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Instead, in 2019 the district acquired properties at 1835 County Line Rd. and 1800 Montgomery Ave., adjacent to Stoneleigh and one block away from Villanova University’s campus. The issue now is that those properties sit atop ecologically invaluable wetlands that are home to about 500 mature native trees, many of them over 80 feet tall and over five feet in diameter.

The proposal to tear down the trees to build middle school sports fields mobilized local environmentalists to further demonstrate against the district’s development plans. The most vocal group has been Climate Action Lower Merion (CALM), which circulated a Change.org petition that currently has nearly 1,900 signatures. Last month, the group protested outside Lower Merion School District offices demanding that officials pause their plans to develop the site and look for greener alternatives.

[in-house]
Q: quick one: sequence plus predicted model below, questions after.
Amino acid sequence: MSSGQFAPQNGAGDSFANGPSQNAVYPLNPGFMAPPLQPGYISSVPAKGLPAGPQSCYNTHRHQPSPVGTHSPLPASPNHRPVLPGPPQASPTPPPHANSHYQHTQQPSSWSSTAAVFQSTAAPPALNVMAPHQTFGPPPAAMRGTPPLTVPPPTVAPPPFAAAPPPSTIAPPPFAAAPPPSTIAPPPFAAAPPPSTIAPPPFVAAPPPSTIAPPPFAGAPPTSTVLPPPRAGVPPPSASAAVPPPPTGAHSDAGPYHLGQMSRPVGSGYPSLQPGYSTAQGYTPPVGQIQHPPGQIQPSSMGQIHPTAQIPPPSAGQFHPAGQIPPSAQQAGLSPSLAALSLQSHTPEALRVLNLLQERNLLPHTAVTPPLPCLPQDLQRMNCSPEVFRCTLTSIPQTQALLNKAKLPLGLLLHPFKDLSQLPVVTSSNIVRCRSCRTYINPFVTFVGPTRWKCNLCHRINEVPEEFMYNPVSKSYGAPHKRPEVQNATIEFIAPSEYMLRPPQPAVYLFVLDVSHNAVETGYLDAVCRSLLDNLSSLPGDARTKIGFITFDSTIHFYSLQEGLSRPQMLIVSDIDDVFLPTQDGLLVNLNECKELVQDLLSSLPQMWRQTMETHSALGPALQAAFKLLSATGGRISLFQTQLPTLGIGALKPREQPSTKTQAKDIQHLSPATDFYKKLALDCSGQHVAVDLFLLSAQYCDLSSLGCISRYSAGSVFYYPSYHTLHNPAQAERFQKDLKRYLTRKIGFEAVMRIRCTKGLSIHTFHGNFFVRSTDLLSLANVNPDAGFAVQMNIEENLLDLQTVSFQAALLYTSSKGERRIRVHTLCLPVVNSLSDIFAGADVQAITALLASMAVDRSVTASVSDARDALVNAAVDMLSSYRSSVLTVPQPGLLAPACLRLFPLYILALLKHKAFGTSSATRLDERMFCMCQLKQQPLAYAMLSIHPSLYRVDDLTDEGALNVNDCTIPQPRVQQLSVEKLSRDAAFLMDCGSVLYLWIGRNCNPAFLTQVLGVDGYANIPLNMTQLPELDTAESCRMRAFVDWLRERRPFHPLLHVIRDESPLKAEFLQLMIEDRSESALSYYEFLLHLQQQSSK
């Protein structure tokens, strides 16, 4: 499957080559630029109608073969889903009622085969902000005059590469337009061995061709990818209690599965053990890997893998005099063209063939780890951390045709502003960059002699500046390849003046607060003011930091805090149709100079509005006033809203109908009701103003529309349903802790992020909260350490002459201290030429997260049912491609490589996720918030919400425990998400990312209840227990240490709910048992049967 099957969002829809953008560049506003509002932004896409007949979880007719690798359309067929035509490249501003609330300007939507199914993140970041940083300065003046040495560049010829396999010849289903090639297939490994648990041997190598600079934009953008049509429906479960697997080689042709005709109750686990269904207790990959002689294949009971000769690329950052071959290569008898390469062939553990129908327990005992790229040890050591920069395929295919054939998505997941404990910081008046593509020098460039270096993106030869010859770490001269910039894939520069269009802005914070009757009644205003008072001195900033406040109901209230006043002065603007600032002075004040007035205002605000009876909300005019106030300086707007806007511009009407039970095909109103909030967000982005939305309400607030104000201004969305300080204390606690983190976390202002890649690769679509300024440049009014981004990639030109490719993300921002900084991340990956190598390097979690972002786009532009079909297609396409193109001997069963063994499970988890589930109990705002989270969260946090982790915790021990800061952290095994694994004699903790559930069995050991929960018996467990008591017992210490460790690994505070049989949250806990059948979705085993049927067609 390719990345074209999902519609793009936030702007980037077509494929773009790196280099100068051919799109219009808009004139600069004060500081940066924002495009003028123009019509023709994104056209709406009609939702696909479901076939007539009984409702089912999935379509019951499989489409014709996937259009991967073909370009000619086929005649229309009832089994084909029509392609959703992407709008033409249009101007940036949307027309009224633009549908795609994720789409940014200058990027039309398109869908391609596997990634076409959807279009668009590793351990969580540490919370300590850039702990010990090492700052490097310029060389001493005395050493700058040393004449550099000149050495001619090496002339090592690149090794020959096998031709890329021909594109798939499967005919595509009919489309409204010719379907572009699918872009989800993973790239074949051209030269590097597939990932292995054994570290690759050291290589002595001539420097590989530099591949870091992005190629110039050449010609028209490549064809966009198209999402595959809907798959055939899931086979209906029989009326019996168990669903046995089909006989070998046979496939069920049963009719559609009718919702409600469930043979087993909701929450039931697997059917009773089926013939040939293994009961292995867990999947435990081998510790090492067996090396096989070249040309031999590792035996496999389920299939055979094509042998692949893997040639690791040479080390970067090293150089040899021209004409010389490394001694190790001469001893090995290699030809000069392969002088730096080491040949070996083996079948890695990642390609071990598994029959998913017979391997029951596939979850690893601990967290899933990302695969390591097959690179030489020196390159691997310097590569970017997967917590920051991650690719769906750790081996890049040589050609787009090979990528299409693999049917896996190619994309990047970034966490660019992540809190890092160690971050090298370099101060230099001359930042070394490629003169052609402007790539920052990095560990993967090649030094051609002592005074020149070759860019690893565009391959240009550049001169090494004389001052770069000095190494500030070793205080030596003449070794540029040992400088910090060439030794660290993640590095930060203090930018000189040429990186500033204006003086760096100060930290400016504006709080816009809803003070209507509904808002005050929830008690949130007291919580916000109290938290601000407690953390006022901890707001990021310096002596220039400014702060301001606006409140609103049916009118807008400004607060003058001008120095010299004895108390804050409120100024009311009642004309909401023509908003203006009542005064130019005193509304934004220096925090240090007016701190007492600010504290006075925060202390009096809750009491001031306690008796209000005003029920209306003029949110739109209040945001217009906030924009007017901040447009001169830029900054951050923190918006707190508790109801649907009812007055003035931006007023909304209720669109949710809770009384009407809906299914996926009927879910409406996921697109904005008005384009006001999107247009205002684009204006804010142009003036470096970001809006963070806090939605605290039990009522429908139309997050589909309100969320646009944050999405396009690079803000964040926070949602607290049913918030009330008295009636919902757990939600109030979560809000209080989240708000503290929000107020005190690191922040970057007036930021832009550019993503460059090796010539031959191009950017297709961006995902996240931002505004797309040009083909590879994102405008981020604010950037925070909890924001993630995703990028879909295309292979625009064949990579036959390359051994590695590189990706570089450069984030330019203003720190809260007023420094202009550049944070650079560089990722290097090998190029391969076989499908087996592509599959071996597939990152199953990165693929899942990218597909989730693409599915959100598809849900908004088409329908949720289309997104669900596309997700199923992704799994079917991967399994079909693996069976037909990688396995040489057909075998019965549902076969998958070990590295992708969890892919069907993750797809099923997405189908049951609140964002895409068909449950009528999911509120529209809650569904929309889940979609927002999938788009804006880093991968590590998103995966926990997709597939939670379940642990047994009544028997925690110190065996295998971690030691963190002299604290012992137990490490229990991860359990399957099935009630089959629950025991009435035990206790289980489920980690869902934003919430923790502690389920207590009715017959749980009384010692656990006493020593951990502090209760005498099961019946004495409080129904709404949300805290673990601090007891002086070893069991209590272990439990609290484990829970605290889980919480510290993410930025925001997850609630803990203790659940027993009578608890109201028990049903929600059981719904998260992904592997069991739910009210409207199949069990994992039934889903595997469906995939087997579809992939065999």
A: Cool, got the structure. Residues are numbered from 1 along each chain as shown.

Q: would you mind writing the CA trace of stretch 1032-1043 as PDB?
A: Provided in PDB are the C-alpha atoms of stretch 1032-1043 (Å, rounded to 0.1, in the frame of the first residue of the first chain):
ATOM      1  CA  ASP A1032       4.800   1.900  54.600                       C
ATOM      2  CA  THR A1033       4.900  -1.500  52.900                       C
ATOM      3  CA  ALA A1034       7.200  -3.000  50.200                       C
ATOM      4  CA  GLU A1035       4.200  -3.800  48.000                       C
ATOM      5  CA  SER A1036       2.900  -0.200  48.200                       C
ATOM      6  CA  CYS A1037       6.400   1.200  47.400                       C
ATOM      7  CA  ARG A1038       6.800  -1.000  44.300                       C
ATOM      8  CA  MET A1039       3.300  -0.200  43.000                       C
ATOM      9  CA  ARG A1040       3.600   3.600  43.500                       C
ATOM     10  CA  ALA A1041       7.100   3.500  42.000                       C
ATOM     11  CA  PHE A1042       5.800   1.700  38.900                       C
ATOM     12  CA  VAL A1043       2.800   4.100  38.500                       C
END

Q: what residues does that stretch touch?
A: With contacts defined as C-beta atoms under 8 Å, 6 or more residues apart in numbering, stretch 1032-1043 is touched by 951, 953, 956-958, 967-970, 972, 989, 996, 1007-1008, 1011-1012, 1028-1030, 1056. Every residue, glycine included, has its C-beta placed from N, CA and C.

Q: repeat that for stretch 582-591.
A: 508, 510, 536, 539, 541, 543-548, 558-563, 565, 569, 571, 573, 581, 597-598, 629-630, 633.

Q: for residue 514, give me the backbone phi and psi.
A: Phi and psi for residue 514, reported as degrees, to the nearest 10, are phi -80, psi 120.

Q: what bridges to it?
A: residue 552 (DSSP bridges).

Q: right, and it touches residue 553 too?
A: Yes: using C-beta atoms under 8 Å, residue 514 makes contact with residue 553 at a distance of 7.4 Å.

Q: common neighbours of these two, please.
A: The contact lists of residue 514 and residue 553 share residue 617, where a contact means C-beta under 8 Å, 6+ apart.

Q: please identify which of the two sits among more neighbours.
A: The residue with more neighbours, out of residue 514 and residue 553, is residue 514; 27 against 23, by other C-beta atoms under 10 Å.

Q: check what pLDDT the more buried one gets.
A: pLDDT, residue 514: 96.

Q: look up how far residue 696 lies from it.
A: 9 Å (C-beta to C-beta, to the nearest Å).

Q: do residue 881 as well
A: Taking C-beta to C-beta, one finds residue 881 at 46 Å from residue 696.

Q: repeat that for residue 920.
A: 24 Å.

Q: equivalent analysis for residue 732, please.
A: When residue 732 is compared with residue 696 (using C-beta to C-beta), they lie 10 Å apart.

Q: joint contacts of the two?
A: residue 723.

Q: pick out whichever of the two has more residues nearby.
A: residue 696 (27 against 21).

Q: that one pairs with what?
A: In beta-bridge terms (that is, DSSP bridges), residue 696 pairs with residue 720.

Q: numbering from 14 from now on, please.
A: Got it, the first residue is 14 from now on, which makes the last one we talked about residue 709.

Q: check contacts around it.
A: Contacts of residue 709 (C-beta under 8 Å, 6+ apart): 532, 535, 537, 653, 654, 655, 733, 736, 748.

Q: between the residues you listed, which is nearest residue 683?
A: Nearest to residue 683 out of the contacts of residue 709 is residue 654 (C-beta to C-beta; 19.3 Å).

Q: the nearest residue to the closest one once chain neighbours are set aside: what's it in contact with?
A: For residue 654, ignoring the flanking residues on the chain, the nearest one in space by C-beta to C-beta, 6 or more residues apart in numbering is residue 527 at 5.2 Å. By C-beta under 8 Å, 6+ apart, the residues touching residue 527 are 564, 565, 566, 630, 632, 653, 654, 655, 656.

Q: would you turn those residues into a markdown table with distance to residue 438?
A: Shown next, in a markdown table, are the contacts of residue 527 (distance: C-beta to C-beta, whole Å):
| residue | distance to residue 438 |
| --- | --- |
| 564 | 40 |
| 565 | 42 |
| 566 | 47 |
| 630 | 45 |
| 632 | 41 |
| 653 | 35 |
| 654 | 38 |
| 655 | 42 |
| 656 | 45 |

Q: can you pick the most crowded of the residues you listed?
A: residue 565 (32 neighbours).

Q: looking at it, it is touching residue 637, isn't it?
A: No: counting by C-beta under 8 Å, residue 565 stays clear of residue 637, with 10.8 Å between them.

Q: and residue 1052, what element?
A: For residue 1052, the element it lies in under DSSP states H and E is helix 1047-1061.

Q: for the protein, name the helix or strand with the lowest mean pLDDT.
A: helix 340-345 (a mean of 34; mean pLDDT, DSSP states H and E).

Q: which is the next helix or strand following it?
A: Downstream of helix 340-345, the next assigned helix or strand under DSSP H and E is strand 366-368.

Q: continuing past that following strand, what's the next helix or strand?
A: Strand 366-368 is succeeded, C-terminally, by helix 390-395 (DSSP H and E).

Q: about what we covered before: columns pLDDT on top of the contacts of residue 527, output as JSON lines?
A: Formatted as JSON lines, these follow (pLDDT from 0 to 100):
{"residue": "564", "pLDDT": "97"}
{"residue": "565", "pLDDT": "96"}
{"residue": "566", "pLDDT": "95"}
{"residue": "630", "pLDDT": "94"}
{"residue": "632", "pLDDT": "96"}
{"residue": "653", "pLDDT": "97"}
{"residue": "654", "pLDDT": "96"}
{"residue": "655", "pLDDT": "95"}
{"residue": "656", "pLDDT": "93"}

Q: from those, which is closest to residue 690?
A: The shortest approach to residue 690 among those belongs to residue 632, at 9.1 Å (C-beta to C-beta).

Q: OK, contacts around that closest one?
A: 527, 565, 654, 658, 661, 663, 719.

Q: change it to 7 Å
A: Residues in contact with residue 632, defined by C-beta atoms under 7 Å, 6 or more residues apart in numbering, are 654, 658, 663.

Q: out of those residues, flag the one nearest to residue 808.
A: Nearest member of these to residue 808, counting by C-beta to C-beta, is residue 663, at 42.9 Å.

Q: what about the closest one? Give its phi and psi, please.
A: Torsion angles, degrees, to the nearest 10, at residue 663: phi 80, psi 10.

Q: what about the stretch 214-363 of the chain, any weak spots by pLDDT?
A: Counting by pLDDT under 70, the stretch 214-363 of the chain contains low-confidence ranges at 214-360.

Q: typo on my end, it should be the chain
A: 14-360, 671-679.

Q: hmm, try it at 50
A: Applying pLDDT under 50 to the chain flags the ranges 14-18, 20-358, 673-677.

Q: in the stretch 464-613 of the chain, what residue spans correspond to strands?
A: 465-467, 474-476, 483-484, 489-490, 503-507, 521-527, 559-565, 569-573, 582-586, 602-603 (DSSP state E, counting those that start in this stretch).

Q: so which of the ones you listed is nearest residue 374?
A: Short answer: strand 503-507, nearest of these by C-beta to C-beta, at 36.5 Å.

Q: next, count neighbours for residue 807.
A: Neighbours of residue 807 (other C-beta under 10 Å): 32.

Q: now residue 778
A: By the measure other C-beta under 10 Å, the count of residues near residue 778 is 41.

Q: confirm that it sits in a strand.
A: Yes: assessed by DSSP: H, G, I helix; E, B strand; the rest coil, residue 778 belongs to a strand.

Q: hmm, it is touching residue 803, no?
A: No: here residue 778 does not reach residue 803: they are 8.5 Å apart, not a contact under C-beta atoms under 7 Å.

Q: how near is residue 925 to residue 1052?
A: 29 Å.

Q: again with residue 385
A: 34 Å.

Eurhi Jones, a muralist and climate activist with CALM, said the site should be celebrated, not destroyed.

“We should be treating older trees like the Betsy Ross House or Independence Hall,” Jones said. “We shouldn’t even conceive of clear-cutting forests like this for playing fields.”

She said the district’s plan to cut down hundreds of mature trees in a forest setting to make a “monoculture of grass” would release harmful levels of carbon dioxide into the atmosphere, further harming the ozone layer and exacerbating the negative environmental effects of global warming.

Jones called the district’s plan “deforestation with public money in the name of children.”

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Lower Merion School Board president Lucy Klain said the district has extensively considered other sites that are farther away.